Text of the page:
Criticizing Pakistan’s military has become riskier, and journalists are being singled out for flimsy offenses under a beefed-up “electronic crimes” law. DW speaks with one of the journalists targeted.
It was a normal day in September 2020 for Pakistani journalist Asad Ali Toor, who started his morning with a fresh newspaper and a cup of tea. But when Toor turned to page three, he was shocked to see a so-called First Information Report (FIR) had been registered against him.
Toor was being charged with spreading “negative propaganda” against the Pakistani state and its institutions through social media under the Pakistan Electronic Crimes Act 2016 (PECA).
Since it was passed in 2016, PECA has been heavily criticized by civil society in Pakistan as a draconian tool used to muzzle free speech. The act criminalizes speech considered “blasphemous,” along with speech that criticizes state institutions, which are colloquially referred in Pakistan as “the establishment.”
PECA’s reach was recently extended with a new section inserted into Pakistan’s penal code stipulating up to two years in prison and a fine of over €2,500 ($3,018) for anyone that “intentionally ridicules, brings into disrepute or defames the Armed Forces of Pakistan” or its members.
PECA targets social media
Toor has been working in Pakistani digital media since 2005, and says he has witnessed the erosion of journalistic freedom and a simultaneous strengthening of censorship with each successive government.
“Traditional media has had to bow down to governments and censorship. Social media is not as censored, so they are now introducing these laws to scare people into silence,” Toor told DW.
A week before the FIR was registered against him, Toor was let go from his longtime job at Samaa TV, a major Pakistani broadcaster. The journalist says he had not backed away from his reporting on the government and military.
Toor said the most frustrating part of the three-month judicial process was that he was never told which of his tweets were deemed illegal, or who had filed the FIR.
“I was not told even during the hearings at the High Court in Lahore. It is very frustrating when you are standing trial for a crime you don’t understand you committed,” Toor added.
In addition to Toor, two other journalists were charged with “spreading hatred” against the state and its institutions in the same week. Free speech activists say the charges are intended as a warning that the state is willing to enforce PECA.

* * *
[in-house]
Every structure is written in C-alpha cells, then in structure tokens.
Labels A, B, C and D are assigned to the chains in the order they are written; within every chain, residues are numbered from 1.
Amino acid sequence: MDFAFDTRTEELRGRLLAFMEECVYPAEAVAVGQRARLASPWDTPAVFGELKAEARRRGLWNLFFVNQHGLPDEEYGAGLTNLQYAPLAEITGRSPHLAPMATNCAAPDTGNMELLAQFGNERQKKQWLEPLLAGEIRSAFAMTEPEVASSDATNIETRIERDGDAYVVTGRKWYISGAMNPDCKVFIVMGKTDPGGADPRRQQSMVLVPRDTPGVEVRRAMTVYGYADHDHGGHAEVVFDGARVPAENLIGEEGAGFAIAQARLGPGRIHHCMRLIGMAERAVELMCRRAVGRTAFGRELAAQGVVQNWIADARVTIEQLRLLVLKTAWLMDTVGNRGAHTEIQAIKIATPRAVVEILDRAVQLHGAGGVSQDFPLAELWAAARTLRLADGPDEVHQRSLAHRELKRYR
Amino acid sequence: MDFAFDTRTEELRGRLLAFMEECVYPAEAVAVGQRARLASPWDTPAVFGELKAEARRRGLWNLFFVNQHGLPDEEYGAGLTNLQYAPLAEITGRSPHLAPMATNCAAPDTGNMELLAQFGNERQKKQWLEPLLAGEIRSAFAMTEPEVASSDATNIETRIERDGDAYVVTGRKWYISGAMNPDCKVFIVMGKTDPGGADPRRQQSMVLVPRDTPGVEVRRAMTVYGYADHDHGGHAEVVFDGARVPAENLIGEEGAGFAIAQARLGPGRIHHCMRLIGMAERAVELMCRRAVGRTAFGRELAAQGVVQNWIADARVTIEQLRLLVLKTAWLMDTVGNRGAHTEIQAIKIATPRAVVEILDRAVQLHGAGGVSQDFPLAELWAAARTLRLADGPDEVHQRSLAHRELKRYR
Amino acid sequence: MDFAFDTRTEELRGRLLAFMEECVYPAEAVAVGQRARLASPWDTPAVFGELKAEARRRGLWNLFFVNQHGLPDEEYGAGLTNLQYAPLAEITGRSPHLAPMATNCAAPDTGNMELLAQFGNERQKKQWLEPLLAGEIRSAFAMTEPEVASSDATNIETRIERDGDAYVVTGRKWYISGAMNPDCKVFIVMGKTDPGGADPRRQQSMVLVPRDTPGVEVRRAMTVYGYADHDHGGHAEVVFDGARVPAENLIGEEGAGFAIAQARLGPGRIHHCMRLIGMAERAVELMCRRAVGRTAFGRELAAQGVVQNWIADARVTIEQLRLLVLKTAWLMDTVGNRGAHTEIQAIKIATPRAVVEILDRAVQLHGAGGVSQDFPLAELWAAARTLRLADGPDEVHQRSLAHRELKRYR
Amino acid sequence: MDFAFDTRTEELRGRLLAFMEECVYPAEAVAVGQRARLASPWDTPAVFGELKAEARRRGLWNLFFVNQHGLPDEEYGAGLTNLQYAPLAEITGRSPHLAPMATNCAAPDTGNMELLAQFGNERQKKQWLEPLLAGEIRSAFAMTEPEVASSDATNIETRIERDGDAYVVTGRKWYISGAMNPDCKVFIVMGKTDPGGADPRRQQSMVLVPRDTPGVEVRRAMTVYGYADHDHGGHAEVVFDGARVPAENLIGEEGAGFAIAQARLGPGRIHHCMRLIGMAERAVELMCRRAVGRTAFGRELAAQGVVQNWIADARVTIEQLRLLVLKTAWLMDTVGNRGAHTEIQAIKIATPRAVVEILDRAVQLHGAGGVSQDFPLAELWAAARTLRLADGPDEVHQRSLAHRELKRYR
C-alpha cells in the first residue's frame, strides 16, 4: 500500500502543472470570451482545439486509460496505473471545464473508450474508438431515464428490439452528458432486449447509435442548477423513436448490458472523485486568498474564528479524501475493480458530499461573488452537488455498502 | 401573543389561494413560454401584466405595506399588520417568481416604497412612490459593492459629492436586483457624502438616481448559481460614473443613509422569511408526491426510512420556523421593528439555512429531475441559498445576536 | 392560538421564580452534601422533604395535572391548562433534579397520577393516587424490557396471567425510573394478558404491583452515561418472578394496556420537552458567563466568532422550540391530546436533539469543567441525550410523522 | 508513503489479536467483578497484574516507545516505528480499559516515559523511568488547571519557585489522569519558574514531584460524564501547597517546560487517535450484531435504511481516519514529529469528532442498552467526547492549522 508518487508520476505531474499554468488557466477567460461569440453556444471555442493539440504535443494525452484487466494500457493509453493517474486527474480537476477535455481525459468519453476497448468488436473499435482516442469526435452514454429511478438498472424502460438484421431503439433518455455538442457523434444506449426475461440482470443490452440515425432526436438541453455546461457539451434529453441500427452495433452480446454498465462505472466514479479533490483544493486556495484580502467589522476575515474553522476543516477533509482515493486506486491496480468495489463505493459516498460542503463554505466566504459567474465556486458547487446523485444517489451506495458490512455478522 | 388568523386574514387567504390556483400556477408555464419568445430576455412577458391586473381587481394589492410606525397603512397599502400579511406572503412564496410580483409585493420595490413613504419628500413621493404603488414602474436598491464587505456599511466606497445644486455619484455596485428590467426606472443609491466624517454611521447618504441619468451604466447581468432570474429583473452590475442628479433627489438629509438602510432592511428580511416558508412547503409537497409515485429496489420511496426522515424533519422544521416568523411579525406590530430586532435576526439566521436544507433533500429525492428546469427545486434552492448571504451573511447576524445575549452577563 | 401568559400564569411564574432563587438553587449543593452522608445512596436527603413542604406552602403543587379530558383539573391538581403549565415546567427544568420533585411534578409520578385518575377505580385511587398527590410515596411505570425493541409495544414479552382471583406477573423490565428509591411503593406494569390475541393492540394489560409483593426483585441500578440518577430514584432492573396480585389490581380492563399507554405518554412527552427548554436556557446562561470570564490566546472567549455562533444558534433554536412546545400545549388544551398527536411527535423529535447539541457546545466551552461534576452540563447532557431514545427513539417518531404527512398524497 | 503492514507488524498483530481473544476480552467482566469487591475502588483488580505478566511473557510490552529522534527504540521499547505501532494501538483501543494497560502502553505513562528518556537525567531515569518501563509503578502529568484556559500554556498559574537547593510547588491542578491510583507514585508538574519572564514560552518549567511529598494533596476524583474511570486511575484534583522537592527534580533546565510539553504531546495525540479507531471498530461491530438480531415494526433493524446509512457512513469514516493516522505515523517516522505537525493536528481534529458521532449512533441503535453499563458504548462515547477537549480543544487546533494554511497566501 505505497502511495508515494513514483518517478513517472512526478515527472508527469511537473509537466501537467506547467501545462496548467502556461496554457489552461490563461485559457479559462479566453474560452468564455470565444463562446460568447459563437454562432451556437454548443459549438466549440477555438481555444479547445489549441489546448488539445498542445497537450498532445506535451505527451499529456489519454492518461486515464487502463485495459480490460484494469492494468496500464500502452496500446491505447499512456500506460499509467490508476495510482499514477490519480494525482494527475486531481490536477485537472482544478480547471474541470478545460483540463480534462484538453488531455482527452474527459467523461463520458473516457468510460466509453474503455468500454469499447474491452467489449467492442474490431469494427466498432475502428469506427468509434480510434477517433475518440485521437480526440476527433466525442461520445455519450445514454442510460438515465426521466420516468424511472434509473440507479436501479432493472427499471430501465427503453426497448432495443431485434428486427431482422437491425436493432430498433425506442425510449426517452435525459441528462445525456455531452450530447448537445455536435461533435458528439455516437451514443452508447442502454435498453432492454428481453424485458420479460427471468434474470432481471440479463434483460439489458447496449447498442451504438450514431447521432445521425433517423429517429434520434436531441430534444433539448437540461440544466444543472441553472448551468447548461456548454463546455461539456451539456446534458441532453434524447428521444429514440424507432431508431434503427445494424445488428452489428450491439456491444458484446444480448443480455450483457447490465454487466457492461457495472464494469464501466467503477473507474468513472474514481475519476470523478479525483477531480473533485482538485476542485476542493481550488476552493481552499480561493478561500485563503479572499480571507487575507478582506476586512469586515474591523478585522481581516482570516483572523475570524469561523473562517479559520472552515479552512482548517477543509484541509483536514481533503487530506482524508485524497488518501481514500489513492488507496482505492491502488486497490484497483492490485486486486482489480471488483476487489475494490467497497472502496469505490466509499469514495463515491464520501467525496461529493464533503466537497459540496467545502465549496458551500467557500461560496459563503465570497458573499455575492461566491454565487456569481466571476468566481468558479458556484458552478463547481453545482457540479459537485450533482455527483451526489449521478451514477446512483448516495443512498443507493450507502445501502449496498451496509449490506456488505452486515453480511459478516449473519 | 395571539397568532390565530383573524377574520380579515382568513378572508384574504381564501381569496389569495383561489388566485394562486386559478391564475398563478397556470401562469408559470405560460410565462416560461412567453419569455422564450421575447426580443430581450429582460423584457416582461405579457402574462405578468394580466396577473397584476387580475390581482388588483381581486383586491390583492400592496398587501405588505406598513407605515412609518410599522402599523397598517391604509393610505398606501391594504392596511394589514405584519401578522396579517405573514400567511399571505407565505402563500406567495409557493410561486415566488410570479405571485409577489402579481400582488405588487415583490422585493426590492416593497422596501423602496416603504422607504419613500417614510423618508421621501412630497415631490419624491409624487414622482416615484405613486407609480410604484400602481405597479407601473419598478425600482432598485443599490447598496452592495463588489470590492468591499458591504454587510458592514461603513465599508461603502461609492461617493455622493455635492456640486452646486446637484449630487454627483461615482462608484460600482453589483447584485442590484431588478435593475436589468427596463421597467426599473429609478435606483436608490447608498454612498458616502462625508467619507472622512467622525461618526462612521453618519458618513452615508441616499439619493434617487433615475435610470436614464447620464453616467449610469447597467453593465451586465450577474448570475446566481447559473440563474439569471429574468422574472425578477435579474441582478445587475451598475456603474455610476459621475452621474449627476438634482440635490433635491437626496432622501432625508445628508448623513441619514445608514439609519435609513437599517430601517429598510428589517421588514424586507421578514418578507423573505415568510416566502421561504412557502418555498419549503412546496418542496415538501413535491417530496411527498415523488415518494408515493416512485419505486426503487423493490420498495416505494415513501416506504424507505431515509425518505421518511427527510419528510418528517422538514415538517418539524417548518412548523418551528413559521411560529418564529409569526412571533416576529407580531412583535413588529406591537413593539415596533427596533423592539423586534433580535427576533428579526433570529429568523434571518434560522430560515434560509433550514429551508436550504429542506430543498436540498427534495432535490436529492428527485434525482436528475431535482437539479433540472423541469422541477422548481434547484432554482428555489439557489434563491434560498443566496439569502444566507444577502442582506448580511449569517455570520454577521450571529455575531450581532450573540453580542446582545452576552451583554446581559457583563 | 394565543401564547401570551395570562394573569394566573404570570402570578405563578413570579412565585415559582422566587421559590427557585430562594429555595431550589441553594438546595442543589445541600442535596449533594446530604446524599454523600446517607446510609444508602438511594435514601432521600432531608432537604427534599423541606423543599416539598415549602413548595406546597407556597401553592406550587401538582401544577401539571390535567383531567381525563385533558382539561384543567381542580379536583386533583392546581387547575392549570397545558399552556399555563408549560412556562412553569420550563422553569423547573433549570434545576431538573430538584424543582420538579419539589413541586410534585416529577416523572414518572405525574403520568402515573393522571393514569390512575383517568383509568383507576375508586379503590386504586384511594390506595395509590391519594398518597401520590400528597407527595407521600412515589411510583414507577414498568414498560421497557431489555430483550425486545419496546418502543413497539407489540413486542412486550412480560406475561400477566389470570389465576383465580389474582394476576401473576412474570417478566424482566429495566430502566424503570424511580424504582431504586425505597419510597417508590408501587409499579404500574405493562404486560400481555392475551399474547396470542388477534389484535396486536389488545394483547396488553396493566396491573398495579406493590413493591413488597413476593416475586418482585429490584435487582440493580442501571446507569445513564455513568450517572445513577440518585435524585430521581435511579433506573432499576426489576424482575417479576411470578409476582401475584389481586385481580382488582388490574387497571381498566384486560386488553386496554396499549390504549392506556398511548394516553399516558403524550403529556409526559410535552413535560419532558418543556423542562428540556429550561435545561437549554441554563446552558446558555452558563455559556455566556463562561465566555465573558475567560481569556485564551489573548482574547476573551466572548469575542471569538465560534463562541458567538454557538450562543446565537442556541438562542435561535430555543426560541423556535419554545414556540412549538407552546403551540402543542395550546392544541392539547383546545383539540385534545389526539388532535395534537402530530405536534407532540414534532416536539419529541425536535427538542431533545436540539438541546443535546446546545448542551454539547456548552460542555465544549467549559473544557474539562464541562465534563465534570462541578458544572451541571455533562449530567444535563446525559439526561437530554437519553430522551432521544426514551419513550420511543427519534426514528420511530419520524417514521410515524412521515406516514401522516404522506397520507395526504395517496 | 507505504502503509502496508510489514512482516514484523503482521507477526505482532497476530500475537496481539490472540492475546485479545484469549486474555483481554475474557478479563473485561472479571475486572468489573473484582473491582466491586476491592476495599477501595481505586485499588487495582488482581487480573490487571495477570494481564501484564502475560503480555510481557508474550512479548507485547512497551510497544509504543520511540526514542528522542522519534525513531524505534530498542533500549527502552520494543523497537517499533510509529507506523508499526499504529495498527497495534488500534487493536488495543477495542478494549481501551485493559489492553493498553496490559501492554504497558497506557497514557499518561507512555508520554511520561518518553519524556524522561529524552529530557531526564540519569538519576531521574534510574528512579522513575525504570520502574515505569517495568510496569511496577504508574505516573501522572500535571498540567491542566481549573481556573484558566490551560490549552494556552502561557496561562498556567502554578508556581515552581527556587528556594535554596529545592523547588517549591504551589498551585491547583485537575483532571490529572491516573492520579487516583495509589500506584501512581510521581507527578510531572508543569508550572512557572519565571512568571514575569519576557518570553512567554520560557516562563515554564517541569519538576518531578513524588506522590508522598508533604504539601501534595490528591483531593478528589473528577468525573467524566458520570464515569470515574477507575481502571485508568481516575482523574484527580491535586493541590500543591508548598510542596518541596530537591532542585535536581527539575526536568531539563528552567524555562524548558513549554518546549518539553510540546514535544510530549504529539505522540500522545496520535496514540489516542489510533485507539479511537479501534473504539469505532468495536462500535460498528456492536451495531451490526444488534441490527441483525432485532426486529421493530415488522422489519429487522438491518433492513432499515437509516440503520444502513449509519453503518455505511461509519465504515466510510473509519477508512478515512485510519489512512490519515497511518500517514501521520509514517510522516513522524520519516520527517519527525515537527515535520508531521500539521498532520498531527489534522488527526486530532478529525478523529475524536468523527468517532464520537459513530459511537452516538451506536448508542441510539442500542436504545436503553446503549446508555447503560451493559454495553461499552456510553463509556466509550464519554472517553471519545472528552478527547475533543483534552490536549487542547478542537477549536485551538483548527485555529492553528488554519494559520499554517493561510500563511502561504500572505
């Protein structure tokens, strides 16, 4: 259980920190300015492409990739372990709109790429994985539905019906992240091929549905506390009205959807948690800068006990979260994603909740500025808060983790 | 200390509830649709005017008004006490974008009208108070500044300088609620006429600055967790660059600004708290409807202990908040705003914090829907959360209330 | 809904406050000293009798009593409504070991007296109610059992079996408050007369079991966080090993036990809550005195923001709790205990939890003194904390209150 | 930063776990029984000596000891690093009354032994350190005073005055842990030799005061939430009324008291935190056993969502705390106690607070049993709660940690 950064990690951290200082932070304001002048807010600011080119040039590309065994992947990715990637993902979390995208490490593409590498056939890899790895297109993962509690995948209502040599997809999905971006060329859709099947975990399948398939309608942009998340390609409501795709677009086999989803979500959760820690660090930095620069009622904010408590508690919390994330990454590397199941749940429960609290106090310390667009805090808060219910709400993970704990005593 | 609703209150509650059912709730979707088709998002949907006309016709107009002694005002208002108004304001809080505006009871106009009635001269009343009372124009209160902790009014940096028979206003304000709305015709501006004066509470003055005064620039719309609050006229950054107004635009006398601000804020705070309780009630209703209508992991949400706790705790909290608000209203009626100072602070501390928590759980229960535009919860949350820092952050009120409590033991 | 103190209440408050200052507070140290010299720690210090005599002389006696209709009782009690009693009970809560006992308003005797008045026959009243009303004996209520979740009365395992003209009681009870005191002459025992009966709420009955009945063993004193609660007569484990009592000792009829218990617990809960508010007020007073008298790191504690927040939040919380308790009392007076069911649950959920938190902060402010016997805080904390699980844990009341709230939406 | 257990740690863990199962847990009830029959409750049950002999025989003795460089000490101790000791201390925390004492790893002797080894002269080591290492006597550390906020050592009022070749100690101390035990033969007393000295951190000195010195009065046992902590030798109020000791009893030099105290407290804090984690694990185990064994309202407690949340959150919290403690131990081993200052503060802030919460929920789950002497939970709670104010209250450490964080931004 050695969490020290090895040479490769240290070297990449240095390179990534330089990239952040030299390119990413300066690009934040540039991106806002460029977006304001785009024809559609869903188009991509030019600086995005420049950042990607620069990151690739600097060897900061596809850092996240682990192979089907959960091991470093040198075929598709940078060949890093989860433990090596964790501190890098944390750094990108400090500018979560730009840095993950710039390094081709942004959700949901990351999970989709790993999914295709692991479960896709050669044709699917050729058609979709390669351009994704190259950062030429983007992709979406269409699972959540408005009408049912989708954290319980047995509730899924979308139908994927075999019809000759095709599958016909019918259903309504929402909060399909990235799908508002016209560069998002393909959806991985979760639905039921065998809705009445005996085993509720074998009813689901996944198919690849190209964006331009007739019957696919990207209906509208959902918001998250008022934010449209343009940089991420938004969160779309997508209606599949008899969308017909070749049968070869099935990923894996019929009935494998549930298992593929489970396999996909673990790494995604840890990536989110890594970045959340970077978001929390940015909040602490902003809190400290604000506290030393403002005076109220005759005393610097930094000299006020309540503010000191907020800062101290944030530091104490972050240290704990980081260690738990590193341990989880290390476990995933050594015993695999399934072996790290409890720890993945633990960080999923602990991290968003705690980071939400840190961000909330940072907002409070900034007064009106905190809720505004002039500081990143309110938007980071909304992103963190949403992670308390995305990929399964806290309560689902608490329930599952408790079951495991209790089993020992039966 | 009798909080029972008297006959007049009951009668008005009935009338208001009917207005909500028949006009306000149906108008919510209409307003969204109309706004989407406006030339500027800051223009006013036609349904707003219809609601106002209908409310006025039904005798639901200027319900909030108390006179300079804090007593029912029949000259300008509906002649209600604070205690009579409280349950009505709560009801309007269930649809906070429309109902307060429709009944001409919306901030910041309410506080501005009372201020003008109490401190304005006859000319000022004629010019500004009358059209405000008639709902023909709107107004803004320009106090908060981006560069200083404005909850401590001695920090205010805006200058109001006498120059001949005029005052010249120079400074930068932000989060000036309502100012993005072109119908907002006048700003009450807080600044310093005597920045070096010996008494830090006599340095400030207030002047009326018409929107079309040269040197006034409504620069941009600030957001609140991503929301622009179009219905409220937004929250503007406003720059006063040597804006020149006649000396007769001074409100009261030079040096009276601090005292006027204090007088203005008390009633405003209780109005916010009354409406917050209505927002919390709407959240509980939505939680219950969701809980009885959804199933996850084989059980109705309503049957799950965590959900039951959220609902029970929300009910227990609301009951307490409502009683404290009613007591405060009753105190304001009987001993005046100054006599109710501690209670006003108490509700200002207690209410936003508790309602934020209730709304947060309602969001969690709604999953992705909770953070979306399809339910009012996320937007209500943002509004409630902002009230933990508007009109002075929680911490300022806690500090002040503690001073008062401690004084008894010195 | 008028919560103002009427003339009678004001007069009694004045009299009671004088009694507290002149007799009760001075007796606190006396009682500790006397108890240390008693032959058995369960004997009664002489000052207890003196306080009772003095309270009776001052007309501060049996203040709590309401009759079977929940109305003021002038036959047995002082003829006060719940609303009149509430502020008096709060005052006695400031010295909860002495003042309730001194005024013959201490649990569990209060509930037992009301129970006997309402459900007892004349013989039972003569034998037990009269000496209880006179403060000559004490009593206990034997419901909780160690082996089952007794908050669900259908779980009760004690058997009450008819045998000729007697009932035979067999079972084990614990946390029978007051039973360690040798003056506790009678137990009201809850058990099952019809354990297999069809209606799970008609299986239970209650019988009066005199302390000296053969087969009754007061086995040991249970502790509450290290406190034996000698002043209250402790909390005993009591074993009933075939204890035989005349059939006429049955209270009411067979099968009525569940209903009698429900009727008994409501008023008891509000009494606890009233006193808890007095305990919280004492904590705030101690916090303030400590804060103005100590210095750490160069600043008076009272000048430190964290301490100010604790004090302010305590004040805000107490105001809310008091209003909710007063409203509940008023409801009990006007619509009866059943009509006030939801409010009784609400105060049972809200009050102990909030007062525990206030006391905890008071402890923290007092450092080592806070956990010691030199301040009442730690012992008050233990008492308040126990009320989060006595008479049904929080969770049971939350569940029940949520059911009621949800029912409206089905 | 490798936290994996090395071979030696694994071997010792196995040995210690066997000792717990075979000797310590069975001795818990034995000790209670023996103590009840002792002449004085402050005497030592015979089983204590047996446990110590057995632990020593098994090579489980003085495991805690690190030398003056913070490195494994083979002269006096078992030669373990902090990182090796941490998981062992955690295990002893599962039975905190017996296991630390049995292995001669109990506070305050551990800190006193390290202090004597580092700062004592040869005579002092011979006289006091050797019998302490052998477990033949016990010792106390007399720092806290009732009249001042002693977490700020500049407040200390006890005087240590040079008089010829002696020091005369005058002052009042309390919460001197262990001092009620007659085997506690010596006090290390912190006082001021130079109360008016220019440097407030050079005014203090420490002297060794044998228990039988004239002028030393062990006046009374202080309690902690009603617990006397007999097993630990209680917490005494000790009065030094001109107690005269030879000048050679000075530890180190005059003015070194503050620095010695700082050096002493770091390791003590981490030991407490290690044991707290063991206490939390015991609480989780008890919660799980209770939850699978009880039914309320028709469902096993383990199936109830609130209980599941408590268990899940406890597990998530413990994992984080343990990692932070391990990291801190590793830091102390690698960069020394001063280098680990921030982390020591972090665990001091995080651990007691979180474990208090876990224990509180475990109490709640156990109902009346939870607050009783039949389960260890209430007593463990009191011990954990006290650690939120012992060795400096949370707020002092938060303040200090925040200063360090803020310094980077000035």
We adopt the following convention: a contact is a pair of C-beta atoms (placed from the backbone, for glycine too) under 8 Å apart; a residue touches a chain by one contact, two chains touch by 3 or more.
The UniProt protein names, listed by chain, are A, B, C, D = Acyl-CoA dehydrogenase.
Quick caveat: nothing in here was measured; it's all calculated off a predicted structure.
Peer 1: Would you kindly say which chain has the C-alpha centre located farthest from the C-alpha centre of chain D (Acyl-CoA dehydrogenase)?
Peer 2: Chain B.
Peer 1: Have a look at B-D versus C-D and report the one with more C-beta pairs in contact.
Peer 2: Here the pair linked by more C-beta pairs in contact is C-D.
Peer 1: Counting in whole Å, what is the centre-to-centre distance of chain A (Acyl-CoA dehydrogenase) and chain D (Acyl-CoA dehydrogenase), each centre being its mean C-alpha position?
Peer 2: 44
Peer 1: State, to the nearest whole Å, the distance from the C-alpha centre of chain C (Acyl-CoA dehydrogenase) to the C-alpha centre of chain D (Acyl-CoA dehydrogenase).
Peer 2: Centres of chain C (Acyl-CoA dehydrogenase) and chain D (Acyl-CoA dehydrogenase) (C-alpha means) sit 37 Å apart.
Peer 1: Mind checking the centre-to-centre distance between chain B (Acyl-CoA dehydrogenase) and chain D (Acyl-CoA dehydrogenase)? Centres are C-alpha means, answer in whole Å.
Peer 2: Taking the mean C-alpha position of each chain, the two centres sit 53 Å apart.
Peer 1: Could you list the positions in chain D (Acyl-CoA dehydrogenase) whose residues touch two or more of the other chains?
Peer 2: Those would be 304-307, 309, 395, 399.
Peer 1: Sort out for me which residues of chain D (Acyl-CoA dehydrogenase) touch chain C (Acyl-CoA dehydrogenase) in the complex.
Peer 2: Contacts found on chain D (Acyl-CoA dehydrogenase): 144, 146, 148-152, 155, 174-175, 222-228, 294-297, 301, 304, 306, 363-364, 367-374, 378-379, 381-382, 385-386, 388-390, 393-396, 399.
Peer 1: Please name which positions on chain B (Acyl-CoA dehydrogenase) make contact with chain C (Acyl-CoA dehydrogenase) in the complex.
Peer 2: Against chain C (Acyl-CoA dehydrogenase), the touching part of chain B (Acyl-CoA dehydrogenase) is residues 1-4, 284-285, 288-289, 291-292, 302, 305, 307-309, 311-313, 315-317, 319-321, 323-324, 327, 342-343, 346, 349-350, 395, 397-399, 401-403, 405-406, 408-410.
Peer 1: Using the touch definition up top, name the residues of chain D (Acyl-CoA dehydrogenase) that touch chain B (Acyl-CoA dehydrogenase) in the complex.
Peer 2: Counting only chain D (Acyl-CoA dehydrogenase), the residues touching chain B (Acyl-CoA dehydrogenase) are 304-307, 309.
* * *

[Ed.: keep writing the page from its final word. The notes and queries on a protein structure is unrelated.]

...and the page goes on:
Civil society comes to journalists’ defense
In November 2020, Toor was cleared of charges by the Lahore High Court. He wrote on Twitter that the Lahore High Court judge ruled there was not enough evidence, and he gave credit for the dismissal to the overwhelming support he received from lawyers and free speech activists.
Toor’s case was taken up by the non-profit Media Matters for Democracy and the Pakistani Bar Council’s “Journalists Defence Committee,” which provides free legal assistance and services to journalists.
Imaan Zainab Mazari-Hazir, a committee member who worked extensively on the case, told DW that the journalists were targeted because the Pakistani state wishes to avoid the accountability and criticism brought on by free and independent media.
Mazari-Hazir said she worries the PECA’s amendment into the penal code will weaponize the act against journalists.
“It will impact freedom of expression and journalism by curtailing this right, and intimidating and punishing those who exercise it,” she said.
“We are already not able to discuss many issues that relate to the military and intelligence agencies, including enforced disappearances,” she added.
Since PECA was passed, many activists and journalists have been subject to arrests and sedition charges.
However, there has also been a countermovement seen in digital activism that safeguards people’s right to freedom of expression. This pushback has allowed for journalists like Toor to challenge claims made against them under the PECA.